Salt and Asthma: Is There a Connection?
Are you looking for new ways to get your asthma under control? If so, you may be considering lifestyle changes that would keep your symptoms at bay. One such approach? Cutting back on your salt intake. But studies have shown that reducing sodium might not have as big of an impact as previously thought.
Do Salt and Asthma Have a Link?
A low sodium diet offers a wide range of health benefits, including lower blood pressure, improved weight management and reduced risk of cardiovascular disease. But does it also control asthma? A variety of older studies have suggested that it could make a difference, but the latest research contradicts this theory.
In fact, a study conducted by researchers at the University of Nottingham that was included in the American Journal of Respiratory and Critical Care Medicine in 2008 found no basis for the claim that reducing sodium correlates with improved respiratory function.
The Latest Study on Salt and Asthma
In the past, it was thought that when asthmatics limited their sodium intake, they experienced better asthma control (including improved lung function, less airway irritation and fewer symptoms overall). The theory was that the lower sodium amounts meant that the muscles inside the airways were less likely to contract and to ultimately lead to an asthma attack. However, this connection didn't hold true among the most recent group of Nottingham study participants.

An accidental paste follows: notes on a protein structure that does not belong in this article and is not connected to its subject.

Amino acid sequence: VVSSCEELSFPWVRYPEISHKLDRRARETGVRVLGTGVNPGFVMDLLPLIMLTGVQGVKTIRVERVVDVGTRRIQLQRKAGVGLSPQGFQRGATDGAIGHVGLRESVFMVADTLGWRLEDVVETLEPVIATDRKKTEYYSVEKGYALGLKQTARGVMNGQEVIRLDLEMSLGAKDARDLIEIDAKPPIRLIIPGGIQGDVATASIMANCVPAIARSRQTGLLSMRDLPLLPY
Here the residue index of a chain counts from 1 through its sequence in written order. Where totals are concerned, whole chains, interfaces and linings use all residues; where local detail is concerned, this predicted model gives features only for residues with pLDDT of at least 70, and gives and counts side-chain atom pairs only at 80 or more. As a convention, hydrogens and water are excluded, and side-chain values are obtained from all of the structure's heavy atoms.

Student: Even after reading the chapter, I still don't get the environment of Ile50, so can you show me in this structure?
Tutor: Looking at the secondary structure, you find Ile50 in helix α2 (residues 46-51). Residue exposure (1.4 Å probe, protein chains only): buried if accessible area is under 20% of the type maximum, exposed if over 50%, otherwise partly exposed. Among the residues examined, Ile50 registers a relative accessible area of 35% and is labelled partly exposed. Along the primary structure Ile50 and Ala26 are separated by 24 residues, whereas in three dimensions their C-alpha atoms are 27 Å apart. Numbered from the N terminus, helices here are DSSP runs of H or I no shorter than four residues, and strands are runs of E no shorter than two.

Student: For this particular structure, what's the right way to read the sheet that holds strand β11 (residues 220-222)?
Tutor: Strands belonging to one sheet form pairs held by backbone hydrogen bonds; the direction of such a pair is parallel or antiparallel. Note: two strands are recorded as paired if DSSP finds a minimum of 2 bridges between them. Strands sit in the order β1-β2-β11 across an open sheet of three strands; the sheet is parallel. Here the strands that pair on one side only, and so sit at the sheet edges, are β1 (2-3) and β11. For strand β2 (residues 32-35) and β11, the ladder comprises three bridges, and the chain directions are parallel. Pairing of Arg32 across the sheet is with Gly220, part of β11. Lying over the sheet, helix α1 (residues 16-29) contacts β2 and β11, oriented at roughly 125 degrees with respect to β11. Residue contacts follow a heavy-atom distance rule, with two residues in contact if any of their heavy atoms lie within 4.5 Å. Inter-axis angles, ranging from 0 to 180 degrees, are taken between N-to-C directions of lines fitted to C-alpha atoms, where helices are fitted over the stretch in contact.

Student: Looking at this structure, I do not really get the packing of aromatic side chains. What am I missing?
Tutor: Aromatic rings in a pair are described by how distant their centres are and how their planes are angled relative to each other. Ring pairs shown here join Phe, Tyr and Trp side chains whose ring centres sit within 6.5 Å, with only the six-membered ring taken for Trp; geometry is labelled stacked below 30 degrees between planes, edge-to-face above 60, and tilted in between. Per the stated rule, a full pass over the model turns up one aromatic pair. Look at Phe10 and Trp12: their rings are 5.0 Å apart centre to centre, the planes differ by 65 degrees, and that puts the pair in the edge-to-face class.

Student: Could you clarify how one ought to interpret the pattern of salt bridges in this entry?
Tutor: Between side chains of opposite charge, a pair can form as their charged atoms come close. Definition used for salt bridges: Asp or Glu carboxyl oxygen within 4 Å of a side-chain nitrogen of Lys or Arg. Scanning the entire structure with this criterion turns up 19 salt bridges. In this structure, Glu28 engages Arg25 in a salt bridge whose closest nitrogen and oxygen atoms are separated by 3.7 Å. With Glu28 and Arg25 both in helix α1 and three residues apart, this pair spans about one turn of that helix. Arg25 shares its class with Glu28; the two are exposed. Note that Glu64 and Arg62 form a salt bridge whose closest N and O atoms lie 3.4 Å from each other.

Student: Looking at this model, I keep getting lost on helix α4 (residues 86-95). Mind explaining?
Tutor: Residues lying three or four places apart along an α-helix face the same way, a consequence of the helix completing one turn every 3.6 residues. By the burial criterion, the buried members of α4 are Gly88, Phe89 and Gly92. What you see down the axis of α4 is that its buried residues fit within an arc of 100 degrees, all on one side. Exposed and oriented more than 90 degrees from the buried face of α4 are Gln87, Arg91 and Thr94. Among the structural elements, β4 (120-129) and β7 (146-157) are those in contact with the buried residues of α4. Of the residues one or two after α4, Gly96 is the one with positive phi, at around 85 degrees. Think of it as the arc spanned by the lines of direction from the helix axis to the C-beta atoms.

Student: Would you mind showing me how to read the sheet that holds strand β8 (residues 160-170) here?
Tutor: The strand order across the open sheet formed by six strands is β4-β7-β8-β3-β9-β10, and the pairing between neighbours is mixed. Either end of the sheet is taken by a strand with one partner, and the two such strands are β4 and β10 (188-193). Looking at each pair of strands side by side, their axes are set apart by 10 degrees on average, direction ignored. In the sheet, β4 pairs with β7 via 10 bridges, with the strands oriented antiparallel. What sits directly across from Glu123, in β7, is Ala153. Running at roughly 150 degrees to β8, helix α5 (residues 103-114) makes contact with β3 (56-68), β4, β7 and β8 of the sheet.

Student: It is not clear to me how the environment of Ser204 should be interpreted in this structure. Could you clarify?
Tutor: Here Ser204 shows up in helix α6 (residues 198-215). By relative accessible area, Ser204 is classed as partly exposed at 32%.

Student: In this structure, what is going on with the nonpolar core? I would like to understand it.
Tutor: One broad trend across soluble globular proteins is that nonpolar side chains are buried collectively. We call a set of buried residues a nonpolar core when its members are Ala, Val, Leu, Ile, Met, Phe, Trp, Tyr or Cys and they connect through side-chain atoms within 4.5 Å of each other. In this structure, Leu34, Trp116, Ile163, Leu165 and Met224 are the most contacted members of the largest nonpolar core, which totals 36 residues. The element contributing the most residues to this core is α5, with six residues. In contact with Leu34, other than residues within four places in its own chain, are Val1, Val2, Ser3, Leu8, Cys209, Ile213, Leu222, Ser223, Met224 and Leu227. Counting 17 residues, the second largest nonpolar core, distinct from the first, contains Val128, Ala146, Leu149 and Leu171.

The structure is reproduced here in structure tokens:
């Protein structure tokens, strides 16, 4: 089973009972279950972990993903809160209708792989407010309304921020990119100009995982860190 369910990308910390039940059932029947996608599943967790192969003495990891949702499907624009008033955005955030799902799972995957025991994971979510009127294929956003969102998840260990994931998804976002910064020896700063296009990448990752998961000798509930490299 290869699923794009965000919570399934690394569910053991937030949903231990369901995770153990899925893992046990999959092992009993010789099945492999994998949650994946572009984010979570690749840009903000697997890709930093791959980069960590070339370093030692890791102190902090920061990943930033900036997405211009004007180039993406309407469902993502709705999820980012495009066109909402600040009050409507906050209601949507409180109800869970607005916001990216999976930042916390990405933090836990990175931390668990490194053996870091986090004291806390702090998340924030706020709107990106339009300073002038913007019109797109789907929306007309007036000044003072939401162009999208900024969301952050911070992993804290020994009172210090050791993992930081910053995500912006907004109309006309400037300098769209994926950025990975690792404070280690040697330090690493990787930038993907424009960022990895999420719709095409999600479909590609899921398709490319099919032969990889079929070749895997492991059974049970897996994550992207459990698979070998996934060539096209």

An Invalid Theory?
Why the discrepancy in findings? The researchers from Nottingham believe that many earlier studies on the sodium and asthma connection were conducted on very small, limited groups. But to test the results on a more wide scale basis, they broadened out their efforts, looking at close to 200 patients. In this larger group, the link between asthma and salt simply didn't hold true.
To test the theories and come up with this conclusion, the Nottingham patients (all of whom were asthmatic), were split into two distinct groups. Both groups were directed to eat a low sodium diet, but one group was also given a pill containing a normal amount of sodium, while the other half took a low-sodium version. Regardless of the differences in sodium, the experts found that there was no difference in asthma symptoms among the two groups of participants.
A Word of Caution
It's important to note that while the Nottingham study didn't find any salt and asthma connection, the researchers did caution that this may not be the final word on the matter. It's still possible that a different group of patients studied could have had different reactions. Further, if the study had lasted for a longer period, it's possibly that the outcome could have been altered, too. Finally, exercise-induced asthma may respond differently. Therefore, further research on salt and asthma is needed to completely confirm or disprove any connection.
What this Means
Wonder what this means for you? If you have asthma and want to do anything you can to help improve the symptoms, while a no sodium diet may not be the cure you hoped, there's also no harm in trying it. The bottom line is that even if your asthma symptoms don't go away, eating a low sodium diet is good for your health anyway.
American Thoracic Society, American Journal of Respiratory and Critical Care Medicine
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